January 2019 Alumni and Friends Newsletter
The College of Art and Architecture may not be known for its large research expenditures and projects. As our name implies, we focus heavily on creative and scholarly work, as we are designers in the Bauhaus tradition. But research is a high priority for land-grant institutions like the University of Idaho, which is committed to improving the state, and society as a whole, when it comes to critical issues. Our college, with a focus on sustainable design in partnership with neighboring communities, is committed to that mission, too.
Just last month, the college was invited to join the Sustainable Development Solutions Network, a global initiative for the United Nations, due to our longstanding design-related commitments to sustainability, inclusivity and indigenous cultures. I selected John Anderson, head of our Virtual Technology and Design (VTD) Program, and Andy Kliskey, the co-director of the Center for Resilient Communities (CRC), a research facility housed under the college that’s committed to helping communities in the Western United States remain sustainable, to serve as the university’s representatives for the network. John and Andy are already developing U of I’s framework for meeting sustainable development goals through a prototype that simulates future scenarios — and various solutions — for the design of sustainable cities and food systems through the year 2050.
Andy’s current research with the CRC, which stems from a $2.7 million grant from the National Science Foundation (NSF), is informing that work. In collaboration with community members in the Magic Valley — the epicenter of Idaho’s agricultural industry — Andy and Dan Cronan, assistant professor of landscape architecture, along with students like Katherine Woodhouse, are creating models of alternative future scenarios, such as drought caused by climate change, that will help the region proactively plan for a very different future.
VTD students and faculty are also working on a large-scale NSF grant to create virtual labs for high school students that will help spark interest in the sciences. The project may also allow scientists the ability to better predict how mutations affect proteins, and how certain pathogens might then evade drug therapy like antibiotics. Three undergraduate students — Ian McGrath, Grayson Hughbanks and Hannah Gilmore — are working with VTD Associate Professor Jean-Marc Gauthier and VTD Senior Instructor Brian Cleveley, along with two U of I physicists and a biologist from Brown University, to create these labs.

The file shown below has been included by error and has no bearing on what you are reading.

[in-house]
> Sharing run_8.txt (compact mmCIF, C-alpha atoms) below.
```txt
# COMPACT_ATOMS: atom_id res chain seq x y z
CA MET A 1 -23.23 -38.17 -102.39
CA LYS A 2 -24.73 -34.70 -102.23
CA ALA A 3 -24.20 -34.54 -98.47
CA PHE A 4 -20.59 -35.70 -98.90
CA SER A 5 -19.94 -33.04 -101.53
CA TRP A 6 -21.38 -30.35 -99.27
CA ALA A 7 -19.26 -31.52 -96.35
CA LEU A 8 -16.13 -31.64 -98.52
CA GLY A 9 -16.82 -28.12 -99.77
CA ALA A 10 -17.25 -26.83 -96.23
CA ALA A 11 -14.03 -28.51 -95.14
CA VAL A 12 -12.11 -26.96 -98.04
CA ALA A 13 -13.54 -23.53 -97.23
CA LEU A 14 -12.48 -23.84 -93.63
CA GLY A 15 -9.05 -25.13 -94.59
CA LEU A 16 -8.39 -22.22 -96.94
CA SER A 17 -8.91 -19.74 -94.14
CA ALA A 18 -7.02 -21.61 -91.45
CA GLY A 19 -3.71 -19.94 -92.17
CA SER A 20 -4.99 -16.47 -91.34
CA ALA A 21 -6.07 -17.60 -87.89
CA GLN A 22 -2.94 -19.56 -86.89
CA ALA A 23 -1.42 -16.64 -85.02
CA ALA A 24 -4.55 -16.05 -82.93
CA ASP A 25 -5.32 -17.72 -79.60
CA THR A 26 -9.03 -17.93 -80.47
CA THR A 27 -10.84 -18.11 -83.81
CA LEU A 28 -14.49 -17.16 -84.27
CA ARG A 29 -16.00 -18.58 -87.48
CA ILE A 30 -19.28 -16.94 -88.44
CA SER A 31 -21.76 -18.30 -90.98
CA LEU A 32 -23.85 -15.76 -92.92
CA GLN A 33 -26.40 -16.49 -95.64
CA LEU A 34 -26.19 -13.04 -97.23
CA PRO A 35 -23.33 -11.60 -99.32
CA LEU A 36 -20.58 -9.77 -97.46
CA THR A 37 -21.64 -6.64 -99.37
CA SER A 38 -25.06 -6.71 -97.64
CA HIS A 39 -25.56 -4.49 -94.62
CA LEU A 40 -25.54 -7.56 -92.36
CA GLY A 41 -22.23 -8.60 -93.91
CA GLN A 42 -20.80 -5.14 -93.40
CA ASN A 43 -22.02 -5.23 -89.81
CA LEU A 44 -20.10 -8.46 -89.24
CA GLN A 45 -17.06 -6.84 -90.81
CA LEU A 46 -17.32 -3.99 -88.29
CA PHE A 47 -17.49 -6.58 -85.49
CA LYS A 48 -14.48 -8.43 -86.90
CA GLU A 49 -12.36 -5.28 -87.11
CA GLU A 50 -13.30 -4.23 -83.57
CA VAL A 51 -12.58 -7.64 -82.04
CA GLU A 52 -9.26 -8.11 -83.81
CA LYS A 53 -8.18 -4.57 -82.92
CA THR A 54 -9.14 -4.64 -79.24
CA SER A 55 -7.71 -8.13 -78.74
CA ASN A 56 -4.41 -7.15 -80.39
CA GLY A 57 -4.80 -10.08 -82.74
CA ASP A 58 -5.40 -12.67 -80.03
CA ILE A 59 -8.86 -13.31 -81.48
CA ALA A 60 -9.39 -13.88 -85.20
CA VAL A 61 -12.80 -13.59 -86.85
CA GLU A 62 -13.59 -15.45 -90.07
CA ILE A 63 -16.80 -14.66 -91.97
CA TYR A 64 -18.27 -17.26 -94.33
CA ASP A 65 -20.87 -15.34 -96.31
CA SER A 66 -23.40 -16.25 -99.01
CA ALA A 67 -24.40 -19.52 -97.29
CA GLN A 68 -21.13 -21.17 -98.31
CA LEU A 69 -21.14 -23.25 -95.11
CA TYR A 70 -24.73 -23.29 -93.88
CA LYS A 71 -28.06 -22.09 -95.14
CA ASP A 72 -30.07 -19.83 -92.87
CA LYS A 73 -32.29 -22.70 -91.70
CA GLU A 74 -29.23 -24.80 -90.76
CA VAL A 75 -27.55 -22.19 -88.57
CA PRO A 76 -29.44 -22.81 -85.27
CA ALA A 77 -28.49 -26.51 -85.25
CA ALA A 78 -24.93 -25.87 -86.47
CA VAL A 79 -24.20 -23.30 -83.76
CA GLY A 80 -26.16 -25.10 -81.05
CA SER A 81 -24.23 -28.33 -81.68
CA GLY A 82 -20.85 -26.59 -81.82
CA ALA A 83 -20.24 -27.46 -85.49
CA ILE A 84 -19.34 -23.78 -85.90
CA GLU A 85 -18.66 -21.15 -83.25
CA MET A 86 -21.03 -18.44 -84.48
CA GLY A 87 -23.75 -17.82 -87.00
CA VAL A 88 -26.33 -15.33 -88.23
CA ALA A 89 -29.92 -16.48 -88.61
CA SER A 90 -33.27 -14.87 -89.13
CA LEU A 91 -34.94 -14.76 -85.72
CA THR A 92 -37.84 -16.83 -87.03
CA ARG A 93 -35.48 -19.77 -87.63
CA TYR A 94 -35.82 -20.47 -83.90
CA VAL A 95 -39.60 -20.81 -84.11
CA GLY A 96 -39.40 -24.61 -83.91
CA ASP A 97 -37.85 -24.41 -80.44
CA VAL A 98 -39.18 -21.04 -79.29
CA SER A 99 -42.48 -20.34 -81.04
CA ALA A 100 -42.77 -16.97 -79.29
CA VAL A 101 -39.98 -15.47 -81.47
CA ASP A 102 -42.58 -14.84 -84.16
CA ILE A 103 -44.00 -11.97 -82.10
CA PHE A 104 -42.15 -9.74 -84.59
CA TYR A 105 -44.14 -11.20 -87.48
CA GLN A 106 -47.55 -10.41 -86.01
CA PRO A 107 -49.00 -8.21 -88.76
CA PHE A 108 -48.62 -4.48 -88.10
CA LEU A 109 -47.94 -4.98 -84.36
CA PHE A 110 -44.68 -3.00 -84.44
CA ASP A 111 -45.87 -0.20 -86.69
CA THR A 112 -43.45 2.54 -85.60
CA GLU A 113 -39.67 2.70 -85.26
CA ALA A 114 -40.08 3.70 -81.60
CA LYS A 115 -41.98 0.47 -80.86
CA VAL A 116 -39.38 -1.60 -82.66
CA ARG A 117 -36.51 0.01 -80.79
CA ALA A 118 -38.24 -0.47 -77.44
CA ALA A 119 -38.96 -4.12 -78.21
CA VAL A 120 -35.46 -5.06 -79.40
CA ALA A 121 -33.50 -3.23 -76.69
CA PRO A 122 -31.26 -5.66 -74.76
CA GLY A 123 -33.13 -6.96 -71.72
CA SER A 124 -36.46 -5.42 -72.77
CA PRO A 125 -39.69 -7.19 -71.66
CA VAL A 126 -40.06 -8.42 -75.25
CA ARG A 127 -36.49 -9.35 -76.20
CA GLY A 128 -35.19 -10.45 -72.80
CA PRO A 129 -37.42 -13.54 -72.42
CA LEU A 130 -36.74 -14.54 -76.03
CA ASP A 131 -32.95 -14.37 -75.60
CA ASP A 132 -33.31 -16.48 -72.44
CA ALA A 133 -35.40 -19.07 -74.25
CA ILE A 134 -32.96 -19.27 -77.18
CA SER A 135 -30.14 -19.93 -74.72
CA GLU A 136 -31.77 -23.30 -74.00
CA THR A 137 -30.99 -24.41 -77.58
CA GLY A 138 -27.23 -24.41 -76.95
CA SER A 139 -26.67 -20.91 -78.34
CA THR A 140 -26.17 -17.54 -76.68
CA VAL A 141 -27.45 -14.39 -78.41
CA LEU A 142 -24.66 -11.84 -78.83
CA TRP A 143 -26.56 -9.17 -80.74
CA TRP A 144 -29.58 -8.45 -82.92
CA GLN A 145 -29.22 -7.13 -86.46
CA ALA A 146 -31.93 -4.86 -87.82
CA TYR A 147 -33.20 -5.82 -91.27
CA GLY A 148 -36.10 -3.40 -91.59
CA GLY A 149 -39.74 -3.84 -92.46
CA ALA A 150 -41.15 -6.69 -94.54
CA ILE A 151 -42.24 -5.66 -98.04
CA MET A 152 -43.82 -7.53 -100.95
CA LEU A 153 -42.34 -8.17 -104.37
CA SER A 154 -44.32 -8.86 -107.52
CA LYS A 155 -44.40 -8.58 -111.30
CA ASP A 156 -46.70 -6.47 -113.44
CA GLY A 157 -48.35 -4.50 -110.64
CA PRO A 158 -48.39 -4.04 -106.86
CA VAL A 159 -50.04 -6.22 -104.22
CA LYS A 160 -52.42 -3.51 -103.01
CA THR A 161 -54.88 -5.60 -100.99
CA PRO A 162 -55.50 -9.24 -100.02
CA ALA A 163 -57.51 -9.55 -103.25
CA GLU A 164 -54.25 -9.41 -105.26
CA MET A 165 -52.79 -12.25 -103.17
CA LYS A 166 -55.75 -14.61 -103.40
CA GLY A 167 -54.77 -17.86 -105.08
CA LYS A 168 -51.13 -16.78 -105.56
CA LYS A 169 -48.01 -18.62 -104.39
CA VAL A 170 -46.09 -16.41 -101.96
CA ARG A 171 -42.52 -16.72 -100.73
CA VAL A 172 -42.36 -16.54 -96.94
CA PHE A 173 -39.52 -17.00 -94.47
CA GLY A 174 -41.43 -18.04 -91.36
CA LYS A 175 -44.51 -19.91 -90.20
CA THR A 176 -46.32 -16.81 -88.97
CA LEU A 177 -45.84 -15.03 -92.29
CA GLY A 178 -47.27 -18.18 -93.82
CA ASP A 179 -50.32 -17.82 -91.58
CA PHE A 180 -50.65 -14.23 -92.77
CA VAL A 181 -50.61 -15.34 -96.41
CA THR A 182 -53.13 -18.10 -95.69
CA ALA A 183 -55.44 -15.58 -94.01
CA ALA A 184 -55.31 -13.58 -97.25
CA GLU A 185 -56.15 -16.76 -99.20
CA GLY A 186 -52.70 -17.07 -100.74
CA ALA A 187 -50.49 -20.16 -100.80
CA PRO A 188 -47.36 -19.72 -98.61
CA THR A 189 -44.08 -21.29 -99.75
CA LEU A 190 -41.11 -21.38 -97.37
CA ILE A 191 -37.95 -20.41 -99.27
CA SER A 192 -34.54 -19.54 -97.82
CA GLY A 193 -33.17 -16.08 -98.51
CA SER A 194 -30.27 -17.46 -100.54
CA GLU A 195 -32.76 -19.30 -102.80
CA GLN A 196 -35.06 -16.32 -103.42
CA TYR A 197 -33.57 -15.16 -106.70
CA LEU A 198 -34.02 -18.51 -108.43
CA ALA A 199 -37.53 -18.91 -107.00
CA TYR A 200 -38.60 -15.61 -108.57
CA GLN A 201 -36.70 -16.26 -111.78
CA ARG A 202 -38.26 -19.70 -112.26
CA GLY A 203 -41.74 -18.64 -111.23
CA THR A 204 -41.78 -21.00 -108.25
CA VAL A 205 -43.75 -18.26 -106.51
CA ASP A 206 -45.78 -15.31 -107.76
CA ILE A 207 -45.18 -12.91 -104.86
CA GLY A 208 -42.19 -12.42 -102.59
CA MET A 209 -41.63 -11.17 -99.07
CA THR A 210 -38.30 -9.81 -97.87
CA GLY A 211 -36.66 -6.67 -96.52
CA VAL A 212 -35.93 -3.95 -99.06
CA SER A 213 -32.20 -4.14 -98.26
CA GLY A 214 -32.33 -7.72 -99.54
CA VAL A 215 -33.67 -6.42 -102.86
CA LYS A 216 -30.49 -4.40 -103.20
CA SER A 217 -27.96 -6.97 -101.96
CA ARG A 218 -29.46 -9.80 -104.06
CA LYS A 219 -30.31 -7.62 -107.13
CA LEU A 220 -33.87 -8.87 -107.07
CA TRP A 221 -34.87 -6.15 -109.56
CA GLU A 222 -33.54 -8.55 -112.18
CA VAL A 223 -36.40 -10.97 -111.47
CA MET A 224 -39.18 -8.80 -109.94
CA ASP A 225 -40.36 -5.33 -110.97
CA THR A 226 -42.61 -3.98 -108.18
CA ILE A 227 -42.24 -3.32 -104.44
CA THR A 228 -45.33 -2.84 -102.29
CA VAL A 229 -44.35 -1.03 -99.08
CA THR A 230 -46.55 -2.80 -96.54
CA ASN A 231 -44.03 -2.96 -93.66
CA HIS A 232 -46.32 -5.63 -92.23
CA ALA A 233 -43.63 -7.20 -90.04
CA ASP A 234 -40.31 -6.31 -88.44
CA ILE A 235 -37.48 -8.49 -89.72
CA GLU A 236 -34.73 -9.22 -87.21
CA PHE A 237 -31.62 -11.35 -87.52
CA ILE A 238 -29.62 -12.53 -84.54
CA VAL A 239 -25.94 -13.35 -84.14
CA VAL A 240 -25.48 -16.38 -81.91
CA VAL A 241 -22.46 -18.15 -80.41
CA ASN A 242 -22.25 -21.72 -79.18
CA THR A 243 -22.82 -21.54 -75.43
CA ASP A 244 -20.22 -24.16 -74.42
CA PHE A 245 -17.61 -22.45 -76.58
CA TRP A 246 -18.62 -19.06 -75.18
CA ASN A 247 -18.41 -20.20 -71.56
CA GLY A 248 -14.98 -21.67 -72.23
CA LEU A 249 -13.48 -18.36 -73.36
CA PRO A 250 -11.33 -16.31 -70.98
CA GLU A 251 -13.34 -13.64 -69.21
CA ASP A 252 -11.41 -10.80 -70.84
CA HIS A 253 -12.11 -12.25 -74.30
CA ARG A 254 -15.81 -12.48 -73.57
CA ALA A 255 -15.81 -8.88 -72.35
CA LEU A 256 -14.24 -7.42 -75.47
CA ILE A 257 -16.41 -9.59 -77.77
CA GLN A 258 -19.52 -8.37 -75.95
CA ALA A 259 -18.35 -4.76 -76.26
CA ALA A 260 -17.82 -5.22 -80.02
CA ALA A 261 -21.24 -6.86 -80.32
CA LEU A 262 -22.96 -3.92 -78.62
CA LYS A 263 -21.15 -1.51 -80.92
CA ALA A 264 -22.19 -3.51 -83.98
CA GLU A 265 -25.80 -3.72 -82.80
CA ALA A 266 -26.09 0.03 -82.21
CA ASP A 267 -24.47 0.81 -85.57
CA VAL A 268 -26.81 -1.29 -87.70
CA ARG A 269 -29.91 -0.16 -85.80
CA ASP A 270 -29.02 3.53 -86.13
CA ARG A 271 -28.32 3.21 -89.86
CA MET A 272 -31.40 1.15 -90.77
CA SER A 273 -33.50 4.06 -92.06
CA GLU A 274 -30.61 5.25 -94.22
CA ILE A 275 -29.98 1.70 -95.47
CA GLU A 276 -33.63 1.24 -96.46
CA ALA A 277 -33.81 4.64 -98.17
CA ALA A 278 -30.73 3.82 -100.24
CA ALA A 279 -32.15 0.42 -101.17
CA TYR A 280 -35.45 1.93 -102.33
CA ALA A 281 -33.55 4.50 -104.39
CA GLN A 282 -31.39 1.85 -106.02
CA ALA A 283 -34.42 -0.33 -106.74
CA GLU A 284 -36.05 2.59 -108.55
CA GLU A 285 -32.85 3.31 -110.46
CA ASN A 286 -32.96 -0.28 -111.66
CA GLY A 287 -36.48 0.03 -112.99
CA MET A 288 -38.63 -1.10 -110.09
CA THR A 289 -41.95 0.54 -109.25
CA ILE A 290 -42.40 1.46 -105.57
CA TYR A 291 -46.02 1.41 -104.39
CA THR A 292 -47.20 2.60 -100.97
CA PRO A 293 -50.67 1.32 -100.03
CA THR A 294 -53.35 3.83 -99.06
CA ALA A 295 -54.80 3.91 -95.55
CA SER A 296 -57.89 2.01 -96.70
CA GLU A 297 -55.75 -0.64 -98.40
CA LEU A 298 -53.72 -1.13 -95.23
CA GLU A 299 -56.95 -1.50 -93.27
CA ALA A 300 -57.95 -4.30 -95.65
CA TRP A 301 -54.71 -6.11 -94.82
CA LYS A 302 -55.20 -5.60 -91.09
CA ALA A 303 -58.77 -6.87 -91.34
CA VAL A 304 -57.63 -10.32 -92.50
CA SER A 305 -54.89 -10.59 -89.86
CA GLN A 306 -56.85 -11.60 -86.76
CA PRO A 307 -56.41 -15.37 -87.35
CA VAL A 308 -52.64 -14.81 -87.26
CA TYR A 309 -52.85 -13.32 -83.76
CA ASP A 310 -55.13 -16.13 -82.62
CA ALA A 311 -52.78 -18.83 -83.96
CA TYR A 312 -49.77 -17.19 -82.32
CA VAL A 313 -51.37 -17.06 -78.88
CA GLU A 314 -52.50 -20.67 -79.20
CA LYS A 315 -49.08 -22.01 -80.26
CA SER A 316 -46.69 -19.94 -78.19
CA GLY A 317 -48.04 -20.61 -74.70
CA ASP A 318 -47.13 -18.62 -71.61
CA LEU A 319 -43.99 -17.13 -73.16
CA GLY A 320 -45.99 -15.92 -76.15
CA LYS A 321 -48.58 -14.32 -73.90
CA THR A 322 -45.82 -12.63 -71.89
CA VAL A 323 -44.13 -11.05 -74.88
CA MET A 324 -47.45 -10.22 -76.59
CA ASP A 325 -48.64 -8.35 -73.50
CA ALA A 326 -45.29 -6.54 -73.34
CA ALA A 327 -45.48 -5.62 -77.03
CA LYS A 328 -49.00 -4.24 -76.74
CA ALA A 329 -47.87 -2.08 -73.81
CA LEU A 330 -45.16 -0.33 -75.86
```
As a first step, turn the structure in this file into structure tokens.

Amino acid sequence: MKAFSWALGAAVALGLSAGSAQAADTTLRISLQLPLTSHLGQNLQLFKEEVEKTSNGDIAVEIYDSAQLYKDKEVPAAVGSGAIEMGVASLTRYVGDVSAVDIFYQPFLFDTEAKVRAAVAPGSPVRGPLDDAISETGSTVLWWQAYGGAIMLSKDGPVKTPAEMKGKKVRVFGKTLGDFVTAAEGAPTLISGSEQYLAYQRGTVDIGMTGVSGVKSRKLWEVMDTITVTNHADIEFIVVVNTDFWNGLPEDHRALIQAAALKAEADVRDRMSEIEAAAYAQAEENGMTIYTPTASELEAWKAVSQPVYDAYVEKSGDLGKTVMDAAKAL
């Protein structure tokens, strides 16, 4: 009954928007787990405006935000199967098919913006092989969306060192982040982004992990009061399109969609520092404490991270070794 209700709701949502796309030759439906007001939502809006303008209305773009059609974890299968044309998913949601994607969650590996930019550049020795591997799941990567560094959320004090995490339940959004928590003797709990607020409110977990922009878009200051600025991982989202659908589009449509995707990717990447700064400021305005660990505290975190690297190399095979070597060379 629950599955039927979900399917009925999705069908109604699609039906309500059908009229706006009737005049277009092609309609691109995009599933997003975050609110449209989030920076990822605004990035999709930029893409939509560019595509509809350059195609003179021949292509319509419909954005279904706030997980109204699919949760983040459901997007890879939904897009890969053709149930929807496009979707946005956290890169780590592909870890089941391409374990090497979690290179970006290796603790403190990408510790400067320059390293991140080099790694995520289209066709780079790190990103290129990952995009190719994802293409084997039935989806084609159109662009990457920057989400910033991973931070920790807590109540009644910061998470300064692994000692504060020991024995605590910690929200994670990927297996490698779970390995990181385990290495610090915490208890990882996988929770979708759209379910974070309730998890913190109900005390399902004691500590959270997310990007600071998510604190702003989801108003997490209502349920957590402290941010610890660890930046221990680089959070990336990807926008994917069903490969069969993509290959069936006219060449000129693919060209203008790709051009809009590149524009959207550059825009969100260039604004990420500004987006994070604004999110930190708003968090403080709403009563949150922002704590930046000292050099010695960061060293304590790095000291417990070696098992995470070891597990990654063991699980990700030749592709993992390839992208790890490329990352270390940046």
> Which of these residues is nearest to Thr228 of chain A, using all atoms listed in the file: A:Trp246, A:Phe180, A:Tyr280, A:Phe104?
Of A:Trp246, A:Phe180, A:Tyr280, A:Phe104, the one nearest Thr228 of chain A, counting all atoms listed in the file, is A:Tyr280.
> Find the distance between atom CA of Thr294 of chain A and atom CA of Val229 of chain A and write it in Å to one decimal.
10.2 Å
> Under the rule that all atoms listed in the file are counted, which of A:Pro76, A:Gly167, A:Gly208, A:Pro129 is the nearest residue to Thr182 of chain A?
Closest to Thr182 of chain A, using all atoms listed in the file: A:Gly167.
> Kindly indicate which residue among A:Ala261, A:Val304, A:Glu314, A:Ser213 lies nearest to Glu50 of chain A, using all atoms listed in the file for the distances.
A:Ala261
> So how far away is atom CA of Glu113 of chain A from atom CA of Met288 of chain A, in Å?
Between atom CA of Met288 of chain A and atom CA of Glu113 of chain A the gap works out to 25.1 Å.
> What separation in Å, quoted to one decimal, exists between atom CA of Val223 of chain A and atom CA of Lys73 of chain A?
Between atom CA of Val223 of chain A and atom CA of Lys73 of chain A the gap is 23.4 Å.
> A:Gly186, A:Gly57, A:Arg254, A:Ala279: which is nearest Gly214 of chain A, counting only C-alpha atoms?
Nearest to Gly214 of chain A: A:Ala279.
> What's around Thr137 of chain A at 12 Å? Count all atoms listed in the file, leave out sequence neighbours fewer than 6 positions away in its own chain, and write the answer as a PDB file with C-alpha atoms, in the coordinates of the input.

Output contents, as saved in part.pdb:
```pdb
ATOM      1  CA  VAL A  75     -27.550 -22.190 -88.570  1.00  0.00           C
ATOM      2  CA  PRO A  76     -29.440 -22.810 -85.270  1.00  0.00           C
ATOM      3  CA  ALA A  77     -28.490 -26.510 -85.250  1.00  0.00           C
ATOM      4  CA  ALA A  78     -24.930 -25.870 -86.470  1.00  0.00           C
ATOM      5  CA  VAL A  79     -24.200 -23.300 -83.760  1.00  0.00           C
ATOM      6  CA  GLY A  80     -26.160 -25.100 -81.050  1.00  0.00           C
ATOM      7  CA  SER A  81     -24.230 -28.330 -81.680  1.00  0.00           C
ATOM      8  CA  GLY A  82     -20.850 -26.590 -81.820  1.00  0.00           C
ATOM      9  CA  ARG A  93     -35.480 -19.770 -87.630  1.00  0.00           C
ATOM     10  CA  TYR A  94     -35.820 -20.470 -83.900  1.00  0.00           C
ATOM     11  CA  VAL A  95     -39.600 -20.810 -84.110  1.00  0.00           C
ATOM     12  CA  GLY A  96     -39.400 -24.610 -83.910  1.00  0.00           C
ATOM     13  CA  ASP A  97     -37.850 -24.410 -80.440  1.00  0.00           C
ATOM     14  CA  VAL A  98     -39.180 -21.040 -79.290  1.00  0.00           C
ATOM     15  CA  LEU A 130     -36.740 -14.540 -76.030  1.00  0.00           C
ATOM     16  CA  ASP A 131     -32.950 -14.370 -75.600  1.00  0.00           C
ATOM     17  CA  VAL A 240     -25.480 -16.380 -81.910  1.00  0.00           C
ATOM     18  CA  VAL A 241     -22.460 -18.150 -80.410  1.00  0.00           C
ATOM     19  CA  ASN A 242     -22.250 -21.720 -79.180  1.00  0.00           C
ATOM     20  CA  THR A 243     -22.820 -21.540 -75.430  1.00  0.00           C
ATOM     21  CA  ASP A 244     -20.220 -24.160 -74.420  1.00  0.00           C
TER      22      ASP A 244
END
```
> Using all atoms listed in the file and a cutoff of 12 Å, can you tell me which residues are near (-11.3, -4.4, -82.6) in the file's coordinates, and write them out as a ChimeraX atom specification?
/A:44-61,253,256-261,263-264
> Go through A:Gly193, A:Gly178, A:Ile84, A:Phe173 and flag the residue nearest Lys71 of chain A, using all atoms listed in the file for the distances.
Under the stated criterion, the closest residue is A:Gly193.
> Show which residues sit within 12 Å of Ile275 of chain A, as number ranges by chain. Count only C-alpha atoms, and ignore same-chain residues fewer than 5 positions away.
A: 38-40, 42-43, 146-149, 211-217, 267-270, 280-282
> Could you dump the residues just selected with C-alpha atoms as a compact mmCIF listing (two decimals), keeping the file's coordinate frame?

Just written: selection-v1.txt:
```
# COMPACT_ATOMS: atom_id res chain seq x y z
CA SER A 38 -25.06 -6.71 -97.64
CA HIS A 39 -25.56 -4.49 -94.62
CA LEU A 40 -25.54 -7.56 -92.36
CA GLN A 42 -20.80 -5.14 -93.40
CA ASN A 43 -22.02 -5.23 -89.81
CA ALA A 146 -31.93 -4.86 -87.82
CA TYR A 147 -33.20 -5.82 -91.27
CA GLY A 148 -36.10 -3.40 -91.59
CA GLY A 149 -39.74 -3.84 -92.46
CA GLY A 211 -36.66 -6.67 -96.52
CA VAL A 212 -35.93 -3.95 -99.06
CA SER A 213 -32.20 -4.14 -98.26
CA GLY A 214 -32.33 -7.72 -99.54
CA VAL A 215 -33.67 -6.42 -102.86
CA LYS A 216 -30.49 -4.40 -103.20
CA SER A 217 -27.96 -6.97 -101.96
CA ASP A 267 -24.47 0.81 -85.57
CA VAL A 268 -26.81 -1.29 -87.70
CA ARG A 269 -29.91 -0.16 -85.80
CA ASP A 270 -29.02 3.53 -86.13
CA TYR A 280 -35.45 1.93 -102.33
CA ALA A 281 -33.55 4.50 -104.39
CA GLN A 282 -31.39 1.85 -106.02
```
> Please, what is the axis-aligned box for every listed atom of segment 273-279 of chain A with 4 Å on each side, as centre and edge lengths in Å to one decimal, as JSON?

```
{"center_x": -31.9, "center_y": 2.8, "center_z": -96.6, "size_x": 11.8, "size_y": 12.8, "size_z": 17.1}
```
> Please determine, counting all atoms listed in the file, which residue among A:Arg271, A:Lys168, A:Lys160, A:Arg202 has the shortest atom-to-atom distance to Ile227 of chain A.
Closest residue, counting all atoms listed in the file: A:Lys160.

Late last year, Stacy Isenbarger, associate professor in the Art + Design Program, co-curated a traveling art exhibit, “Conversations through the Smoke,” that included art from fire managers, firefighters and others involved with fire management nationwide. The exhibit aimed to foster conversations and help communities affected by recent fires in the Northern Rockies. Stacy worked extensively with College of Natural Resources Professor Penny Morgan on the project — an extension of their collaboration from the Visualizing Science exhibit.
Our Integrated Design Lab (IDL) in Boise is also churning out great work, as it helps ensure through research and outreach that new buildings, developments and major renovations in the city of Boise will be carbon neutral in 12 years. The IDL recently hired Ken Baker (’82) as its interim director. Ken has a master’s in architecture from U of I, was a founding member of the lab and has worked in building energy efficiency since 1978.
I’m truly proud of the work our students and faculty are doing to achieve a sustainable future in collaboration with our communities. Their work is the hallmark of our college, and I’m confident we’ll continue to contribute high-quality design to Idaho’s changing landscapes — in the built, natural, cultural and virtual worlds.
Shauna Corry, Ph.D.
College of Art and Architecture